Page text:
The Adobe – Apple War by Jonathan W. Seybold
There's been a big furor the last two weeks about Apple's insistence that cross-platform development tools, and in particular Adobe's Flash, cannot be used to develop iPhone applications. Everyone has jumped on the bandwagon opining about why Apple would do something so developer-unfriendly, and maybe even, customer-unfriendly.
There are many who feel that this Adobe/Apple feud is based on some deep-rooted enmity between Adobe and Apple. I turned to my brother to ask the question: Why is Steve Jobs doing this? Jonathan was the consultant and evangelist who brought Steve Jobs, John Warnock and Paul Brainerd together to create the desktop publishing revolution and to provide the Macintosh with the killer app it needed.
Jon read various other accounts of the Apple/Adobe relationship and decided he could contribute the most by providing this earlier history that no one else has covered as well as his own take on what Apple's move means for innovation on mobile devices.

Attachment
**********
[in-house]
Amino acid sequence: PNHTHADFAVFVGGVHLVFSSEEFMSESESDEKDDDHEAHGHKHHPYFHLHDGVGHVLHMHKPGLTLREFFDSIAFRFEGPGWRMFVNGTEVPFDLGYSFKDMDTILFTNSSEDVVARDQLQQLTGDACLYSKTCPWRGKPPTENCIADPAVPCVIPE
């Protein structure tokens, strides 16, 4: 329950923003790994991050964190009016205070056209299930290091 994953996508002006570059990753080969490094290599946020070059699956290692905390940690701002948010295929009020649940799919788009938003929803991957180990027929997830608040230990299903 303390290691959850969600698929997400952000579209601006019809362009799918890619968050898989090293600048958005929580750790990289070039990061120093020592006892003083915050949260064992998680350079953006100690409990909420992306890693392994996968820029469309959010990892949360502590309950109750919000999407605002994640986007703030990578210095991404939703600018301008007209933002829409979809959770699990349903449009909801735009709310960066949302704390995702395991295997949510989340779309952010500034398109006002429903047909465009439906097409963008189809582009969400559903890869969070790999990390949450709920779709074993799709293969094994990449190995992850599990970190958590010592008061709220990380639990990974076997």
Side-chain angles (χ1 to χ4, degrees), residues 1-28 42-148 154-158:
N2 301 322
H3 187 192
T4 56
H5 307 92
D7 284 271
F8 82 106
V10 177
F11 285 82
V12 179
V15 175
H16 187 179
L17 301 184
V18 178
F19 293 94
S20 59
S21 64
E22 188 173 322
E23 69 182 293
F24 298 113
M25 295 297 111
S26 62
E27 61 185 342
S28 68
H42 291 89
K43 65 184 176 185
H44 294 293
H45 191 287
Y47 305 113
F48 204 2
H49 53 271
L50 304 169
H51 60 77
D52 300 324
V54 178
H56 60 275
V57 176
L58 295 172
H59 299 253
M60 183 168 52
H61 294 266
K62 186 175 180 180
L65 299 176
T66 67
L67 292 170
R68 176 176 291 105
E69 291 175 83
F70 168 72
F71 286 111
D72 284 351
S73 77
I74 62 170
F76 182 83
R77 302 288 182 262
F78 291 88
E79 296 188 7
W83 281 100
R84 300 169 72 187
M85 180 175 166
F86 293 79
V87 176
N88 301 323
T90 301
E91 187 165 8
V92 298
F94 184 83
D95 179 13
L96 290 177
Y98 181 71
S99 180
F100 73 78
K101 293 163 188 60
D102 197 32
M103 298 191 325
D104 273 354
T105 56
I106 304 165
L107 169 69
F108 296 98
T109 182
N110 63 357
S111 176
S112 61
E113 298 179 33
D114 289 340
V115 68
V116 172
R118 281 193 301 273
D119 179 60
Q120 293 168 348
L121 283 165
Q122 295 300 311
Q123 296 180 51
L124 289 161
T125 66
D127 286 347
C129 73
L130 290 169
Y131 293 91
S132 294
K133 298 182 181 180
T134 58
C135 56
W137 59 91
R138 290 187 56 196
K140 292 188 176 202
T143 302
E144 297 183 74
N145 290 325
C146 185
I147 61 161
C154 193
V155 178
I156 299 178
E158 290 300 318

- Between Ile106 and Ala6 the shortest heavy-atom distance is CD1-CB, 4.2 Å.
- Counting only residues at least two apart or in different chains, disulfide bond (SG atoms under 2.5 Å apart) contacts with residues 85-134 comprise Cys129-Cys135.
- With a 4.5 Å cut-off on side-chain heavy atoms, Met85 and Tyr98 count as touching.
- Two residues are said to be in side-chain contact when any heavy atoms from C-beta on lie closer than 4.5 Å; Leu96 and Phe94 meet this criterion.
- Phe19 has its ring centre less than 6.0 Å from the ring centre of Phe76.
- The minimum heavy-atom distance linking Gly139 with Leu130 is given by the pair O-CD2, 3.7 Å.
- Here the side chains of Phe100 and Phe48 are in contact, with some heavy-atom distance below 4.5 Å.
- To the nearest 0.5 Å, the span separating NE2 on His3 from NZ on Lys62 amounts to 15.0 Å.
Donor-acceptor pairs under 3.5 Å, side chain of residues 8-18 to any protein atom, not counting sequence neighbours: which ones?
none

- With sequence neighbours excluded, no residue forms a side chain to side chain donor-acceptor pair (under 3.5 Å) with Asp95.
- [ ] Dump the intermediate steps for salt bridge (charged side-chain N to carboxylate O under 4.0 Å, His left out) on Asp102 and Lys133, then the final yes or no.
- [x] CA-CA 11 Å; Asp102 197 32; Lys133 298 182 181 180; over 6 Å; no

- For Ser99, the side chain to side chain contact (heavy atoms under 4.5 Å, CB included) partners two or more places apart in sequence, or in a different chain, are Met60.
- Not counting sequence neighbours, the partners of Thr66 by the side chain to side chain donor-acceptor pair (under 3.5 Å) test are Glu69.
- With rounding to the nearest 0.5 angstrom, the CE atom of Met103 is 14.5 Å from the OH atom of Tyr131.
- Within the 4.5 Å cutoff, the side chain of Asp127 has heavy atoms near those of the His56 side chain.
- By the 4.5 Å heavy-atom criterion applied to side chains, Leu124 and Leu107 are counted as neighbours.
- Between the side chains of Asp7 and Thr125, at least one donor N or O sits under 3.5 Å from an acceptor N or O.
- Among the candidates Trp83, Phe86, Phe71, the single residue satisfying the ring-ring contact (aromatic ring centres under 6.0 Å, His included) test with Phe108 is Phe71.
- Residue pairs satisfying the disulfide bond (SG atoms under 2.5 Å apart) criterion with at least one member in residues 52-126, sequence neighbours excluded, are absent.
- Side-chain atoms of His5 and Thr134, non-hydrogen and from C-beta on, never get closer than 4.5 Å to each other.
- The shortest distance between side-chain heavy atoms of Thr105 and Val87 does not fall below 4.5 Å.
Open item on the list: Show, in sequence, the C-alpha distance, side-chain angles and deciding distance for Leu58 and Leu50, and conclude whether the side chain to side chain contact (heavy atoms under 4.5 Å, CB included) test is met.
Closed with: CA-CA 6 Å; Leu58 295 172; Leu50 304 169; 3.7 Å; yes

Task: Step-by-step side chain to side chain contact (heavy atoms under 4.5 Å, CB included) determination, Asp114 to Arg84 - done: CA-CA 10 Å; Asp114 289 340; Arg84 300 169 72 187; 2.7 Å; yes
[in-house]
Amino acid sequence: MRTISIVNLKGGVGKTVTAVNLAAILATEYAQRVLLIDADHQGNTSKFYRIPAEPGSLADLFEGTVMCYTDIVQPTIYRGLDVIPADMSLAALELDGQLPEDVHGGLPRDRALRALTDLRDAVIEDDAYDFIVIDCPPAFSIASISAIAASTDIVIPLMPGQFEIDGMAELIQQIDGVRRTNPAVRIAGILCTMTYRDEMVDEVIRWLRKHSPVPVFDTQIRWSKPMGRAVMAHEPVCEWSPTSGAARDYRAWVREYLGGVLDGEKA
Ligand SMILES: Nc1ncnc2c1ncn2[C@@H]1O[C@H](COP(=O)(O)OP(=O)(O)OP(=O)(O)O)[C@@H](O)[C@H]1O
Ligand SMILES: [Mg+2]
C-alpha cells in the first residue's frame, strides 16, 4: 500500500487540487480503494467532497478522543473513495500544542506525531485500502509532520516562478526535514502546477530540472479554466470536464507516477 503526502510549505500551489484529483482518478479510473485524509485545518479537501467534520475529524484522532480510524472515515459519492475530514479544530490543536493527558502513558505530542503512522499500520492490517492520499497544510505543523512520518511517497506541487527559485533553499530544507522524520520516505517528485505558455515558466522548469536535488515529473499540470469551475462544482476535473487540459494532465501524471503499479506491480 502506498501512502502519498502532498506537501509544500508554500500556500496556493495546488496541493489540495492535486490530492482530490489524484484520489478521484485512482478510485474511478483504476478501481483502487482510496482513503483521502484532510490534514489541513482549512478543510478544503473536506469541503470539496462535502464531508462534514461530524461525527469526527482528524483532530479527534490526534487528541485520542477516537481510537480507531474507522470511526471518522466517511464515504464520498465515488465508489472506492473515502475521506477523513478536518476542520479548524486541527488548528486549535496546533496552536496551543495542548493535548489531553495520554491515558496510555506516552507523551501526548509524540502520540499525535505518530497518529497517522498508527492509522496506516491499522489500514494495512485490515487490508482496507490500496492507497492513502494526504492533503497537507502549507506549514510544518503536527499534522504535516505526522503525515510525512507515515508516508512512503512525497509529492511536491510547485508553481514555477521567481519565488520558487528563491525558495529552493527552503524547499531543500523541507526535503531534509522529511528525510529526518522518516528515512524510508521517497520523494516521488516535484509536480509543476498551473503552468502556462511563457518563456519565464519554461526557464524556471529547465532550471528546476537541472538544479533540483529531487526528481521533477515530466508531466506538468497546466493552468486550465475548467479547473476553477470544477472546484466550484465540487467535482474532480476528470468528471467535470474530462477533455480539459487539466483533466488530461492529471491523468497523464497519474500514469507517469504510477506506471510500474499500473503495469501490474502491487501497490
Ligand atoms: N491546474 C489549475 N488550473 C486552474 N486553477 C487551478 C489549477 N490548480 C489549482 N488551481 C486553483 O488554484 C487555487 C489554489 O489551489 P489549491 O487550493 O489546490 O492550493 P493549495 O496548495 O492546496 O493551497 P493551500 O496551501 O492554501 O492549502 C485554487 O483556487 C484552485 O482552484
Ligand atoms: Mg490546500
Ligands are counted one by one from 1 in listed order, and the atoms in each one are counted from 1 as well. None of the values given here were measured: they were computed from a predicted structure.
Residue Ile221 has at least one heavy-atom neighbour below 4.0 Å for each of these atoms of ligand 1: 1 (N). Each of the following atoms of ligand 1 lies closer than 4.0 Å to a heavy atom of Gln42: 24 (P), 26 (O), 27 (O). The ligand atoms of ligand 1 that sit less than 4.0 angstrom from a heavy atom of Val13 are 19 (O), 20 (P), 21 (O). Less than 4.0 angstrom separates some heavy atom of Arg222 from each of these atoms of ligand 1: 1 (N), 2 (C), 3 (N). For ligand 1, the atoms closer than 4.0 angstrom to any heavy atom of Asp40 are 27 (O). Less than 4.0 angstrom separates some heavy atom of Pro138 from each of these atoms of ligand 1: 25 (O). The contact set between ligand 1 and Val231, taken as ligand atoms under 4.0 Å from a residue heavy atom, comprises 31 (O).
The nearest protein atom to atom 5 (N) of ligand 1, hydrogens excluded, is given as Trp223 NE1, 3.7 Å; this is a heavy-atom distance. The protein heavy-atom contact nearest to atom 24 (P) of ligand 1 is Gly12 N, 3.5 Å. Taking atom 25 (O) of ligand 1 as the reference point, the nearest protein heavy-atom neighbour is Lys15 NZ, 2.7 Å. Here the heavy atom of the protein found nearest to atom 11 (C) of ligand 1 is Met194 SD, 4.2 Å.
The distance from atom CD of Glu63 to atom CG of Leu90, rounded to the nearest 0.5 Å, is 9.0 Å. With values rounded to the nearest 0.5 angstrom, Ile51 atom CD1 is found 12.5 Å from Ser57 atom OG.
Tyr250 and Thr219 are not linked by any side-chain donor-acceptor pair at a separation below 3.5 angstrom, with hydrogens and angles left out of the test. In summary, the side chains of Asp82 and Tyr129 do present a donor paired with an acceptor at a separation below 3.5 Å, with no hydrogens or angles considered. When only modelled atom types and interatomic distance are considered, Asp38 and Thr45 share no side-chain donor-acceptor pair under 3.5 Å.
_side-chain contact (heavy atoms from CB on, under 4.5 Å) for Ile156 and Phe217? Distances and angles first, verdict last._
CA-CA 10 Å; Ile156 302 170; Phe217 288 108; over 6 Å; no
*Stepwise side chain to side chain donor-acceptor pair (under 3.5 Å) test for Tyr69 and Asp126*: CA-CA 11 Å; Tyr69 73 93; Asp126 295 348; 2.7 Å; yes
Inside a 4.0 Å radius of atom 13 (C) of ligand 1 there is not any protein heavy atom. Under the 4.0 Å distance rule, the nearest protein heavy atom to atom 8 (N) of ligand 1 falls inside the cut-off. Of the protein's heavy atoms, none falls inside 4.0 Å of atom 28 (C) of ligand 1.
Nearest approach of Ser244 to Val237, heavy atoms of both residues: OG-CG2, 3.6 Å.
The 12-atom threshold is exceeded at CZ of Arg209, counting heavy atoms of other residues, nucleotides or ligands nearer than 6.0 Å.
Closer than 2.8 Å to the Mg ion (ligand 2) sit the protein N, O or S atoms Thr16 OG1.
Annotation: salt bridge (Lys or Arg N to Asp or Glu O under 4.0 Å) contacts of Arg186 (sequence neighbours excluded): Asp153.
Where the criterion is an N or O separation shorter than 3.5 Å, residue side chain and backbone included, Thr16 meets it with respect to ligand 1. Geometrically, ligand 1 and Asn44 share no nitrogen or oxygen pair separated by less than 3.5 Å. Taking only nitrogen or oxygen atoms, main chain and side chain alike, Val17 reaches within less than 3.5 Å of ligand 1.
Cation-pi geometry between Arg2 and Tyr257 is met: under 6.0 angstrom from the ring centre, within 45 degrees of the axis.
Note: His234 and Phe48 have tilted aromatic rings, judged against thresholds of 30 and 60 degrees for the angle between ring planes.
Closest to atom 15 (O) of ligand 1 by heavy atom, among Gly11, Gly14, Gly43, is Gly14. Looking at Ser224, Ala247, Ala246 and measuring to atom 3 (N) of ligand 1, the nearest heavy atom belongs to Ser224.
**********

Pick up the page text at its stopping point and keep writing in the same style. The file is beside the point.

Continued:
PART 1: SOME HISTORY
Jonathan Seybold: PARC
Like so much about modern-day computing, it all starts with Xerox PARC. Somebody should start assembling a history of PARC.
But, that is a much bigger topic for a later time.
We are going to follow just one of the threads that spun out of PARC:
1979: The Famous Visit to PARC by Steve Jobs and Some of the Lisa Development Team
Apple was already working on Lisa development. Xerox knew this. In fact, that was one of the primary reasons why Xerox invested in Apple. Part of the deal was that Steve and his team would get a full run-down on everything from the object-oriented programming languages to the Alto workstation, the Bravo WYSIWYG word processing software and the Alto GUI.
But, one of the essential functions of the office system for “knowledge workers” that Xerox had set out to build had to be the ability to send the pages created on the Alto workstations to a variety of laser printers. Xerox had discovered that this meant that it needed another piece of the puzzle: a standard resolution-independent way of describing the rich pages of text and graphics.
Xerox had been using a data format called “Press” for this purpose since the mid-70’s. But it found that this was not flexible enough.
John Warnock had previously developed what amounted to programming languages that described graphic pages first for Evans and Southerland, and later for PARC. By 1979, he and Chuck Geschke were developing a much more ambitious “page description language” (InterPress) at PARC.